1940 11,147 53.60% 9,651 46.40% 0 0.00%
1936 8,375 41.29% 11,114 54.79% 794 3.91%
1932 8,284 41.65% 11,122 55.92% 483 2.43%
1928 11,765 66.34% 5,822 32.83% 147 0.83%
1924 9,166 52.92% 7,316 42.24% 839 4.84%
1920 9,552 52.59% 8,459 46.58% 151 0.83%
1916 4,322 39.78% 6,186 56.94% 357 3.29%
1912 3,107 30.43% 5,027 49.24% 2,075 20.33%
1908 4,951 42.60% 6,391 54.99% 281 2.42%
1904 5,203 49.26% 5,030 47.62% 329 3.11%
1900 4,834 43.79% 6,003 54.38% 201 1.82%
1896 4,384 41.28% 6,151 57.92% 84 0.79%
1892 3,737 39.99% 4,916 52.61% 691 7.40%
1888 4,267 41.84% 5,495 53.88% 437 4.28%
1884 4,390 44.29% 5,442 54.91% 79 0.80%
1880 4,046 43.46% 5,167 55.51% 96 1.03%
1876 3,577 43.38% 4,667 56.60% 1 0.01%
1872 3,069 52.35% 2,760 47.07% 34 0.58%
1868 2,989 48.73% 3,145 51.27% 0 0.00%
1864 2,584 48.90% 2,700 51.10% 0 0.00%
1860 2,460 49.23% 2,479 49.61% 58 1.16%
1856 2,086 48.70% 1,988 46.42% 209 4.88%



Government[]

Darke County has a three-member Board of County Commissioners who oversee the various county departments, in similar fashion to all but two of the 88 Ohio counties. Darke County's elected commissioners are Mike Rhoades, Mike Stegall, and Matt Aultman.[17]

Education[]

Public school districts[]

  • Ansonia Local Schools
    • Ansonia High School, Ansonia (the Tigers)
  • Arcanum-Butler Local School District
    • Arcanum High School, Arcanum (the Trojans)
  • Franklin Monroe Schools
    • Franklin Monroe Middle School/High School, Pitsburg (the Jets)
  • Greenville City School District
    • Greenville Senior High School, Greenville (the Green Wave)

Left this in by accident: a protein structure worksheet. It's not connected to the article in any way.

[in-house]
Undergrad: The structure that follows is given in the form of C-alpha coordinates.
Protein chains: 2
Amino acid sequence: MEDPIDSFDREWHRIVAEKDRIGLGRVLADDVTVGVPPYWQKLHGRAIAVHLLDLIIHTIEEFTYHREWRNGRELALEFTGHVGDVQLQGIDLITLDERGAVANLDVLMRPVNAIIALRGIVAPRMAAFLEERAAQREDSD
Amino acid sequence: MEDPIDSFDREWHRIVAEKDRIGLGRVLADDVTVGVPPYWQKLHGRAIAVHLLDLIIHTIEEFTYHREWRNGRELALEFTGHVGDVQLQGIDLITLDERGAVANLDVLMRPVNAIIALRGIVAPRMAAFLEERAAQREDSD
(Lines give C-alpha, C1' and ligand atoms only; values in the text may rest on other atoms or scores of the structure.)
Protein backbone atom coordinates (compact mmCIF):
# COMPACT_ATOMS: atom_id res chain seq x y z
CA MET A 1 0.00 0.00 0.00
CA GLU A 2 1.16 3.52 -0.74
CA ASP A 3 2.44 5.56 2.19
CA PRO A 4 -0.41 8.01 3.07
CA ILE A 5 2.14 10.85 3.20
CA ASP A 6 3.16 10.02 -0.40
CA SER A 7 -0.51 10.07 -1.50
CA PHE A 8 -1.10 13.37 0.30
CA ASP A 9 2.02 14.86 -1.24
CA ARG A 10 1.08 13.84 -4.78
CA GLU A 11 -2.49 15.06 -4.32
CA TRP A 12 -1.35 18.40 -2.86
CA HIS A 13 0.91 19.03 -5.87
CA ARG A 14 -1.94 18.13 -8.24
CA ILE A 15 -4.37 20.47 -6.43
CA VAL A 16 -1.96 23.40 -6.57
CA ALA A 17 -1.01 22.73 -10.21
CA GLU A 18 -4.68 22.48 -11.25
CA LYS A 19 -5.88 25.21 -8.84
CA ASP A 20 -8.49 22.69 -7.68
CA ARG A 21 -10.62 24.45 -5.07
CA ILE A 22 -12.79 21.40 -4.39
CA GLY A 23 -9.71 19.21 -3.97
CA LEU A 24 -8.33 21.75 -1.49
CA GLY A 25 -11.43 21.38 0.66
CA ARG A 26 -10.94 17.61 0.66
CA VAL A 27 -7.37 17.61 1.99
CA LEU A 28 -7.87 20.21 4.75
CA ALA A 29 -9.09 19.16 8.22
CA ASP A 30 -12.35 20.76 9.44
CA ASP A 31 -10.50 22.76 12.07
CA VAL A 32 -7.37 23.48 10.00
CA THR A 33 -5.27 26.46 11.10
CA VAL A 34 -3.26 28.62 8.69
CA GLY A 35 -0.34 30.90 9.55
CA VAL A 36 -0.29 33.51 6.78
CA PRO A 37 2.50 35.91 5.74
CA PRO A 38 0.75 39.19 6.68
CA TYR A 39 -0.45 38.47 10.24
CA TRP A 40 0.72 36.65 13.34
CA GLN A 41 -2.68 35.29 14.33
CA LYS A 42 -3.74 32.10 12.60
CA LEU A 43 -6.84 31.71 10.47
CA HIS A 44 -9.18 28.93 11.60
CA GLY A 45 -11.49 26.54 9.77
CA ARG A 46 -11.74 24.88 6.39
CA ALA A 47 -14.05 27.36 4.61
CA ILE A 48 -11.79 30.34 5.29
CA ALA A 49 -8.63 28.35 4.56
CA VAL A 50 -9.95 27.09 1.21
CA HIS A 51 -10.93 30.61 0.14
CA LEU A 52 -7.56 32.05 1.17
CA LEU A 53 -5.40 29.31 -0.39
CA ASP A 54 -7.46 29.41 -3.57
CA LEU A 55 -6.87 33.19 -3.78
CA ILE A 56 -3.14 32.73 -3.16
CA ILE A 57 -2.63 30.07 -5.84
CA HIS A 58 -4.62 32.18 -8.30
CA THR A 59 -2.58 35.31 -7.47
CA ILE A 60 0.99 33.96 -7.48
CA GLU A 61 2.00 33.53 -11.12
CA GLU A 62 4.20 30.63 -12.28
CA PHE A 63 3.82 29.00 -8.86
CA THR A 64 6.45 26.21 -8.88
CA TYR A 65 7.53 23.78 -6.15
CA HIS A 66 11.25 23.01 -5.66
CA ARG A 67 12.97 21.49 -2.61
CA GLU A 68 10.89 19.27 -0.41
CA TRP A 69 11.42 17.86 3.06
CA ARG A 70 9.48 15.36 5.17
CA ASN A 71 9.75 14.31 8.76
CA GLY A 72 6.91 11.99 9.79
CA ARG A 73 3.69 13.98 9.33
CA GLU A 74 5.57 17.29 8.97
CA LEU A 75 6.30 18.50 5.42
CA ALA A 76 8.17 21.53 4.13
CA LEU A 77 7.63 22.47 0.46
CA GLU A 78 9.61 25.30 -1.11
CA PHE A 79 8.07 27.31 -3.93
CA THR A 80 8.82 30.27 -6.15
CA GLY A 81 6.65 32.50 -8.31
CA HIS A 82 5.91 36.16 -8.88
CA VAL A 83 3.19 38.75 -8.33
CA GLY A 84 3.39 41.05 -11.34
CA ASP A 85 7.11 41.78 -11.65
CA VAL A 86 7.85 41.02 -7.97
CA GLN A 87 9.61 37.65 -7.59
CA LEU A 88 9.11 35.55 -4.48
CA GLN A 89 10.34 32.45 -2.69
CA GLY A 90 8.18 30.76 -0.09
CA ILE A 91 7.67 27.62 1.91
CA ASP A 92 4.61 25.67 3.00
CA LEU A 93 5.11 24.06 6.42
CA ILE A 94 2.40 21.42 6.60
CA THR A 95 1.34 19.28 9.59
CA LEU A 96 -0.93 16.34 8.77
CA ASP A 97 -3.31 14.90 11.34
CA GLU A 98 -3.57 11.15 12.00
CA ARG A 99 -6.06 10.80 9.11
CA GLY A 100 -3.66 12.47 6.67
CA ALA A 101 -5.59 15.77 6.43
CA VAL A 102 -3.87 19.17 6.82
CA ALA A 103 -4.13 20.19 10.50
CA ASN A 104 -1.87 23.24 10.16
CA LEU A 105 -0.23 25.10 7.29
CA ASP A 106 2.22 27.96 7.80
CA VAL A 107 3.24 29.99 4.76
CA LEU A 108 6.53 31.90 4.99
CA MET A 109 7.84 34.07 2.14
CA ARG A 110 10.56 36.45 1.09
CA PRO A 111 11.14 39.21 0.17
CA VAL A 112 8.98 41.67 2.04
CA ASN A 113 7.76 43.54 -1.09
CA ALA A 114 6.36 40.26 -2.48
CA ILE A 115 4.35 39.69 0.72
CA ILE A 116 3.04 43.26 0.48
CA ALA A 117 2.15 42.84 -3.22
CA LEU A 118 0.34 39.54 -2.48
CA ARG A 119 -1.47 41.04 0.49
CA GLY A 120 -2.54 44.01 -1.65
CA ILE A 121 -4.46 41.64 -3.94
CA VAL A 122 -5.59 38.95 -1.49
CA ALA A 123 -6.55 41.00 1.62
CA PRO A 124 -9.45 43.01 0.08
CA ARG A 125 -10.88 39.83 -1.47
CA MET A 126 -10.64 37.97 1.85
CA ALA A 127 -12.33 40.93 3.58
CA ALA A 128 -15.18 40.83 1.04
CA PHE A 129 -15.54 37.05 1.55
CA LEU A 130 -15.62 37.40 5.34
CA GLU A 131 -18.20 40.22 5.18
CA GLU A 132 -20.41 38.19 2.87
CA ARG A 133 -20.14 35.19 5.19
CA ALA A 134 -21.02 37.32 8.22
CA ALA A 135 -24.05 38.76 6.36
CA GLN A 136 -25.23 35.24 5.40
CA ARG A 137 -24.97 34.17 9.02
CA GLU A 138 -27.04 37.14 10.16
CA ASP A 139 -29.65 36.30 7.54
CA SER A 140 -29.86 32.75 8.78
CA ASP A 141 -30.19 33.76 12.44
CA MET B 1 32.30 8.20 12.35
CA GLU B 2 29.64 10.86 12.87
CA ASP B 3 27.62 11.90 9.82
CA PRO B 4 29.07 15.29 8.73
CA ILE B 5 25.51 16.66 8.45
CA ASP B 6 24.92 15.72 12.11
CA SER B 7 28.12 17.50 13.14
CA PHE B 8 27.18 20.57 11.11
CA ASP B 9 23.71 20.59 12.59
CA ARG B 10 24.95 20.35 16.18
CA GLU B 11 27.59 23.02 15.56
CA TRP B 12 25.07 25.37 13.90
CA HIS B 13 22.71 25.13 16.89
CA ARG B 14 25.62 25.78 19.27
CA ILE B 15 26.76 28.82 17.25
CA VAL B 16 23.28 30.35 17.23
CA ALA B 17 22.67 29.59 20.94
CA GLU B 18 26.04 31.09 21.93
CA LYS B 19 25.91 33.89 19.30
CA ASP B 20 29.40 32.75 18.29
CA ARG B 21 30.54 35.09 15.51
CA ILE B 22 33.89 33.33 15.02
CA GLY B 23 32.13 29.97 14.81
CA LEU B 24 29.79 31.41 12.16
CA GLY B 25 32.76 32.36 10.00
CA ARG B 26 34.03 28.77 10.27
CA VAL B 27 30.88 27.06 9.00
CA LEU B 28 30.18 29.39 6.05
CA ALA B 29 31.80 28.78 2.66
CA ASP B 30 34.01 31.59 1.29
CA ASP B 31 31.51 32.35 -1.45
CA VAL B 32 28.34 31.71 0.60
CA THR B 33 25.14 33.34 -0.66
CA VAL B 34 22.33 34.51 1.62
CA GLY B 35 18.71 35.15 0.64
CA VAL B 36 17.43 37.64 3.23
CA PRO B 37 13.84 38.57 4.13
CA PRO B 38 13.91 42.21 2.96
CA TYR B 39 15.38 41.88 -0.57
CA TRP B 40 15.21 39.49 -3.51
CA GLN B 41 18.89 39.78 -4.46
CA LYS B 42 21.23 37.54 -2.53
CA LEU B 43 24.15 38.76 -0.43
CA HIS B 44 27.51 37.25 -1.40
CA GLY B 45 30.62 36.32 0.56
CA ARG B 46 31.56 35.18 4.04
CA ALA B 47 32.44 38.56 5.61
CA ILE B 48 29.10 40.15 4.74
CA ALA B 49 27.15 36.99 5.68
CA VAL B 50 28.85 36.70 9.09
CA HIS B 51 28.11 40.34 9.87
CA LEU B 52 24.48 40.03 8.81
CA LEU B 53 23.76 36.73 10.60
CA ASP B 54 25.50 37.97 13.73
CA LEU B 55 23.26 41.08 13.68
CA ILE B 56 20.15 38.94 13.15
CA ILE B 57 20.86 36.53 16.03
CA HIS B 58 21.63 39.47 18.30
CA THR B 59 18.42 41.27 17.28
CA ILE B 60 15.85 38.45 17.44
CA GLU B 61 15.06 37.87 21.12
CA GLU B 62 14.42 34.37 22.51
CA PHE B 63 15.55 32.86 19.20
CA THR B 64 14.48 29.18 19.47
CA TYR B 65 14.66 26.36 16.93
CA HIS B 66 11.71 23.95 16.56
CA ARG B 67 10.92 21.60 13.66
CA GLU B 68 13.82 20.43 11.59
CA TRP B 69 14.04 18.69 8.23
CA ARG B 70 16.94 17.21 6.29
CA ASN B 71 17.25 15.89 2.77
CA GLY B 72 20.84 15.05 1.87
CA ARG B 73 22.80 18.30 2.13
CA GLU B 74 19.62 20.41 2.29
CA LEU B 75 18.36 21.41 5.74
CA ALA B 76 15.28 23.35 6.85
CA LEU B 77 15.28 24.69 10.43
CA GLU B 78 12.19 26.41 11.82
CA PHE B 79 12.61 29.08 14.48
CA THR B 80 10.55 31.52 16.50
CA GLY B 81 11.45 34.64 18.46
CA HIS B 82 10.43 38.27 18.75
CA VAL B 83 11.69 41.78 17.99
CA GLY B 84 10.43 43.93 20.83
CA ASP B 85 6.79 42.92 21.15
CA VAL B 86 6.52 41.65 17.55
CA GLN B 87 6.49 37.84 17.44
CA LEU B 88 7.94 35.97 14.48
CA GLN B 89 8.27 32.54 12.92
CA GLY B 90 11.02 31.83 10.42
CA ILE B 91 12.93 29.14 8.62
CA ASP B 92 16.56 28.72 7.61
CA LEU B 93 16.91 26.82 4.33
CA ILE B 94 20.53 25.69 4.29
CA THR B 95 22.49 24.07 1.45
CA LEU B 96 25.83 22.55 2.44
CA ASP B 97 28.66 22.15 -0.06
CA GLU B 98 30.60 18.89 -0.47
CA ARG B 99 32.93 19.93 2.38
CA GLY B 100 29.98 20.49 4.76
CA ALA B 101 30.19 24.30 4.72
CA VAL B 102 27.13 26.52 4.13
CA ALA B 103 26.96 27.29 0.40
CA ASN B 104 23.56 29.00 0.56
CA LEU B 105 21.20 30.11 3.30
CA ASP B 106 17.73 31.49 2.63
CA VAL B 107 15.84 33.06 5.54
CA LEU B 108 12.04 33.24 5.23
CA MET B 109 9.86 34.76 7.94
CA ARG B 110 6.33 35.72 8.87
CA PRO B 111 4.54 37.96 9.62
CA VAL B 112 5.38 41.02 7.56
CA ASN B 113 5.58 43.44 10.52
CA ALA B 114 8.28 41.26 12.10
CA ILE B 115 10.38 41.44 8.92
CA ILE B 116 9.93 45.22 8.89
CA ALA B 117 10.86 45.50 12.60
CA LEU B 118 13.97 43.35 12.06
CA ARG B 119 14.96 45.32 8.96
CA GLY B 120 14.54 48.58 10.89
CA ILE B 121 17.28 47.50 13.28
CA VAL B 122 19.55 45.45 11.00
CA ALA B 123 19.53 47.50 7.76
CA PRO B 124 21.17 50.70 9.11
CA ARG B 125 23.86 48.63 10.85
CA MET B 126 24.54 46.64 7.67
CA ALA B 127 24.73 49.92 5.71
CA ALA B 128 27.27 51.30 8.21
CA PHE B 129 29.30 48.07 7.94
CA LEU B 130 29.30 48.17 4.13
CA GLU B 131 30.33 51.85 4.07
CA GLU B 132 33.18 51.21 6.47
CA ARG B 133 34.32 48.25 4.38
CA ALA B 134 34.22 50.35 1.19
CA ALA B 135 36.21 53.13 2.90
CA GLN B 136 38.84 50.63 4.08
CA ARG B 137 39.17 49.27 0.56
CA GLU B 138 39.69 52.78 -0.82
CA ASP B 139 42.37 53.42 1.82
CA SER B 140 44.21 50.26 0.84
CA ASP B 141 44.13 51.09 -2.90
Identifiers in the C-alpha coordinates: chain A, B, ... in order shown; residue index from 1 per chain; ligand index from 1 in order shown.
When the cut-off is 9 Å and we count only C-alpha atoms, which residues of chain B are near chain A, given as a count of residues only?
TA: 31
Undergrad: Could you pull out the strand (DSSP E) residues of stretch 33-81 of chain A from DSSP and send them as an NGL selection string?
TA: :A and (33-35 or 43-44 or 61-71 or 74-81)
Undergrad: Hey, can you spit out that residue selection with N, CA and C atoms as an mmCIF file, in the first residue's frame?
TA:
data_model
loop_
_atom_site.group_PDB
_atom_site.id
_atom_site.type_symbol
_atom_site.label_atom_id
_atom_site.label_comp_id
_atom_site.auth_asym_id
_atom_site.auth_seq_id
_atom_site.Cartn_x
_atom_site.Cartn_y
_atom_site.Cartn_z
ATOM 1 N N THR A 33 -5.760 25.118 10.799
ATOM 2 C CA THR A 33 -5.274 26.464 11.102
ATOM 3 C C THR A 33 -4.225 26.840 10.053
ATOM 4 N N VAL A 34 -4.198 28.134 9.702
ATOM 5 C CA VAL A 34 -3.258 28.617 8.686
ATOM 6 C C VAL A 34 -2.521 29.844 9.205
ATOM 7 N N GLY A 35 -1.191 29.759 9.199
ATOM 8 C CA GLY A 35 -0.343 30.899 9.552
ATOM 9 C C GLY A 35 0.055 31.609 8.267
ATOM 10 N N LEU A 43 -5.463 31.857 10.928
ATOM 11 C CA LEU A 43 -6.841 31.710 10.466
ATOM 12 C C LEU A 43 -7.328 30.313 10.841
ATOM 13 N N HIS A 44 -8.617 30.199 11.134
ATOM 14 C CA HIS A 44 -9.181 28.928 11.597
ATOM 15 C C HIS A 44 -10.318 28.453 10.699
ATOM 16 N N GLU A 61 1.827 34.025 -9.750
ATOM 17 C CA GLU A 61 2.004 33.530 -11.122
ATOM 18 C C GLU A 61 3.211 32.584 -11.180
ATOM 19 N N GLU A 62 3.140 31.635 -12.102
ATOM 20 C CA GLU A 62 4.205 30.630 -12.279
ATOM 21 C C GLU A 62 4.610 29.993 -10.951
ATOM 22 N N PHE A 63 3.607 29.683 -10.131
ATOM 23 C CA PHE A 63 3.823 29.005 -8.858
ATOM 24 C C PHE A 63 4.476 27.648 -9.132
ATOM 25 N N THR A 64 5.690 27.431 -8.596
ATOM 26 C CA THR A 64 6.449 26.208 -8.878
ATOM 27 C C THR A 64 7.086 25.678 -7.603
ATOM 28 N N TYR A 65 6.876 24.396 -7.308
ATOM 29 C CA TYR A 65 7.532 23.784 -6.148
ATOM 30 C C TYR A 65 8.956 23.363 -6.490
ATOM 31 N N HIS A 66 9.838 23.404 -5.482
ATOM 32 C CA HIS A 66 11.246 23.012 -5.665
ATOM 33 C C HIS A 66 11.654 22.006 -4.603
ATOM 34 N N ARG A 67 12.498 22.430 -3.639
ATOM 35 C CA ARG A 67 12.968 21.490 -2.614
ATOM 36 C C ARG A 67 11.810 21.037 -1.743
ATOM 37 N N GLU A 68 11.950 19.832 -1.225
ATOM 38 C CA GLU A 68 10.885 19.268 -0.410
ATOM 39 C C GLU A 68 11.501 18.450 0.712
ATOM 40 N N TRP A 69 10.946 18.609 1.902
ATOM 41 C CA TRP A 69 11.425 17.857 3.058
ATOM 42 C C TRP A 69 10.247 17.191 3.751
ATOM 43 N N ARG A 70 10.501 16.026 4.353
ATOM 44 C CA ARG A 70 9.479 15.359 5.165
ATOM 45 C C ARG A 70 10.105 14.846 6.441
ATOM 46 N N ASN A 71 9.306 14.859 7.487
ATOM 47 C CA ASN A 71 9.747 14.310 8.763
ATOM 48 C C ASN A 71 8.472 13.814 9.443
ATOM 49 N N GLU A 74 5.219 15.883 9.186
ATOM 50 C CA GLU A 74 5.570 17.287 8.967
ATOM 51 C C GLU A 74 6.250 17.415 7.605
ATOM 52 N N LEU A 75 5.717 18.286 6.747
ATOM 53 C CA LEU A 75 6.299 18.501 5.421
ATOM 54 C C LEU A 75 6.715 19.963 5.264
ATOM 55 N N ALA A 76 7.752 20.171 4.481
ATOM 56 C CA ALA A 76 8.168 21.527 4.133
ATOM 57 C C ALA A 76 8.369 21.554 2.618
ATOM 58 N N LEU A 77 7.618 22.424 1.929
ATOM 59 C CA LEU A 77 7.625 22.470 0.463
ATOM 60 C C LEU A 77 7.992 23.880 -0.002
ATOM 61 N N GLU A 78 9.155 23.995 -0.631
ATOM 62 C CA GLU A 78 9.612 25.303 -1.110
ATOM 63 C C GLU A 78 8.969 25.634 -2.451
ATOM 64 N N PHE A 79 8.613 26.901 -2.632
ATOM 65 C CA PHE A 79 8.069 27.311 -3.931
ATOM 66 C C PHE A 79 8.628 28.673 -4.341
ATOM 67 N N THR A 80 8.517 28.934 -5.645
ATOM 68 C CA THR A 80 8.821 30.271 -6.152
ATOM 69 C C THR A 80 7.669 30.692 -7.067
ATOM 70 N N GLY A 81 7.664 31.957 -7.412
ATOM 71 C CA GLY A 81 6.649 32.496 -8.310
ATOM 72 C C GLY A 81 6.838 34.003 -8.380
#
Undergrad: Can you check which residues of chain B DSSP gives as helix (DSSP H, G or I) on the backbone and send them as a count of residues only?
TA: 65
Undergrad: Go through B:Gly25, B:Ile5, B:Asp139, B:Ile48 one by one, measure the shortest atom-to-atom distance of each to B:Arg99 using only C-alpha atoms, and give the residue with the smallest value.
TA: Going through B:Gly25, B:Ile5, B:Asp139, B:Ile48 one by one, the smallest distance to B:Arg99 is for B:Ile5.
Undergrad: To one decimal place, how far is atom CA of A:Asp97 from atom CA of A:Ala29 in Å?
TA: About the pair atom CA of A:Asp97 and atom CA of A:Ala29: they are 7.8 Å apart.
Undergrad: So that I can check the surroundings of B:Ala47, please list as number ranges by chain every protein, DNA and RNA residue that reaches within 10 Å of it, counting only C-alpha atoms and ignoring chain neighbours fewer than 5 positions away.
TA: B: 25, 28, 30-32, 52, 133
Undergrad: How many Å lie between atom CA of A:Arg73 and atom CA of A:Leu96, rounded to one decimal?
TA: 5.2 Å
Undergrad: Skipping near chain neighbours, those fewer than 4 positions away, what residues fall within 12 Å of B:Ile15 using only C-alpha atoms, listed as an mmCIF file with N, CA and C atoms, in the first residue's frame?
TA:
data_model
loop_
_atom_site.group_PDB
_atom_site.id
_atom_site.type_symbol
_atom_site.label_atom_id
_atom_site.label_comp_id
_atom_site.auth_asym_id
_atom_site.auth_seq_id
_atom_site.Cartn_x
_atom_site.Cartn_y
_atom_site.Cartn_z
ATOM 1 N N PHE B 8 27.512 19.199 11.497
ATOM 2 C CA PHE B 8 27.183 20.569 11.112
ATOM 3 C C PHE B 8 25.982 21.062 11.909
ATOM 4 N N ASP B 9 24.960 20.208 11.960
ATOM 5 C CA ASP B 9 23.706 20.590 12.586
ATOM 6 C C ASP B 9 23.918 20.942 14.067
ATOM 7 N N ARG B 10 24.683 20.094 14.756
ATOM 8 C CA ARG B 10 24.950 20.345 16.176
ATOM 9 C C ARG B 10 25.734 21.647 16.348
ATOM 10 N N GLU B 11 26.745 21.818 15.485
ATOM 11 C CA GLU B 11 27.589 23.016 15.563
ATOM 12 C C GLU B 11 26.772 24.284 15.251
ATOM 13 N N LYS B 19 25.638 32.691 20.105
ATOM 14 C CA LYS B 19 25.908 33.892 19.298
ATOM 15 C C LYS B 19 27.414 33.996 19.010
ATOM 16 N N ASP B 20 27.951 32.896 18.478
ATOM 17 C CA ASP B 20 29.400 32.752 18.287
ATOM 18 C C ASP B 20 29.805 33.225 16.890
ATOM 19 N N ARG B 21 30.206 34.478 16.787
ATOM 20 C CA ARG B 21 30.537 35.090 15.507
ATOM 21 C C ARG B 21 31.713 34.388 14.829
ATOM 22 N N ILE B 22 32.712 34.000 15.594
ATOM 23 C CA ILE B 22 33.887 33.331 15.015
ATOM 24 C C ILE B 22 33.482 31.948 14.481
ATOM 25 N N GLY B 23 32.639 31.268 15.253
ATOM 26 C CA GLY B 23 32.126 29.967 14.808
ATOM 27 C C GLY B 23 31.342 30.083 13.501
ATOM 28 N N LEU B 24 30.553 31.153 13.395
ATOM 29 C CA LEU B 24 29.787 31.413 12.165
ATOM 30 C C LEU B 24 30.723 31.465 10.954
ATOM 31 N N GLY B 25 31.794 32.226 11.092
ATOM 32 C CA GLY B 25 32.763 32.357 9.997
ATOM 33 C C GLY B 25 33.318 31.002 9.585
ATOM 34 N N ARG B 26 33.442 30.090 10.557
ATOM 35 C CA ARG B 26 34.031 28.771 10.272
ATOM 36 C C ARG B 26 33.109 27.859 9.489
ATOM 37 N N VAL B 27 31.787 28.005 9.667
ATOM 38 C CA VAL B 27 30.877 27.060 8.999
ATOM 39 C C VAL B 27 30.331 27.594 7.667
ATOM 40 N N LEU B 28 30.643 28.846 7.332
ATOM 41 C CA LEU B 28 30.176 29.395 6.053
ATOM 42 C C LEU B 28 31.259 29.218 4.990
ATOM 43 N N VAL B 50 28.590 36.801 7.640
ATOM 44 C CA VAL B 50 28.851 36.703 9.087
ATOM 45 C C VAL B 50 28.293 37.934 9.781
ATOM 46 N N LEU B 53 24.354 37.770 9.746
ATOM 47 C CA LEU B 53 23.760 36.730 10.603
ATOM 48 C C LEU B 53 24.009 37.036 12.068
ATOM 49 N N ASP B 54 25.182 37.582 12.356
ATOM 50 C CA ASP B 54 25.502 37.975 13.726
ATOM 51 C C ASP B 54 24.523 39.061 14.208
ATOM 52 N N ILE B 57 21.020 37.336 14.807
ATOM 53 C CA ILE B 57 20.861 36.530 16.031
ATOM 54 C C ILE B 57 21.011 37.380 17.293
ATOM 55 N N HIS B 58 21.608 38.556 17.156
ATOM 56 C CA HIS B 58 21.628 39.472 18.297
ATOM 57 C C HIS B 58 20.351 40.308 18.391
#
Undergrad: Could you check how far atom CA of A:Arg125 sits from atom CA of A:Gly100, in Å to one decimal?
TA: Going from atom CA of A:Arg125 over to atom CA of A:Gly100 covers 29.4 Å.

• Mississinawa Valley Local School District
    • Mississinawa Valley Junior/Senior High School, Union City (the Blackhawks)
  • Tri-Village Local School District
    • Tri-Village High School, New Madison (the Patriots)
  • Versailles Exempted Village Schools
    • Versailles High School, Versailles (the Tigers)

Communities[]

Map of Darke County, Ohio with Municipal and Township Labels

City[]

Villages[]

  • Ansonia
  • Arcanum
  • Bradford
  • Burkettsville
  • Castine
  • Gettysburg
  • Gordon
  • Hollansburg
  • Ithaca
  • New Madison
  • New Weston
  • North Star
  • Osgood
  • Palestine
  • Pitsburg
  • Rossburg
  • Union City
  • Versailles
  • Wayne Lakes
  • Yorkshire

Townships[]

[18]

  • Adams
  • Allen
  • Brown
  • Butler
  • Franklin
  • Greenville
  • Harrison
  • Jackson
  • Liberty
  • Mississinawa
  • Monroe
  • Neave
  • Patterson
  • Richland
  • Twin
  • Van Buren
  • Wabash
  • Washington
  • Wayne
  • York

Other communities[]

  • Abbottsville
  • Baker
  • Beamsville
  • Braffetsville
  • Brock
  • Coletown
  • Cosmos
  • Dawn
  • Delisle
  • Fort Jefferson
  • Frenchtown
  • Hill Grove
  • Horatio
  • Hunchberger Corners
  • Jaysville
  • Lightsville
  • Nashville
  • New Harrison
  • North Dayton
  • Otterbein
  • Painter Creek
  • Pikeville
  • Poplar Ridge
  • Rose Hill
  • Savona
  • Sharpeye
  • Stelvideo
  • Tampico
  • Weavers
  • Webster
  • Willowdell
  • Woodington
  • Yankeetown

Historic places[]

Darke County has 25 places listed on the National Register of Historic Places, including the Darke County Courthouse, Sheriff's House, and Jail, and the Versailles Town Hall and Wayne Township House.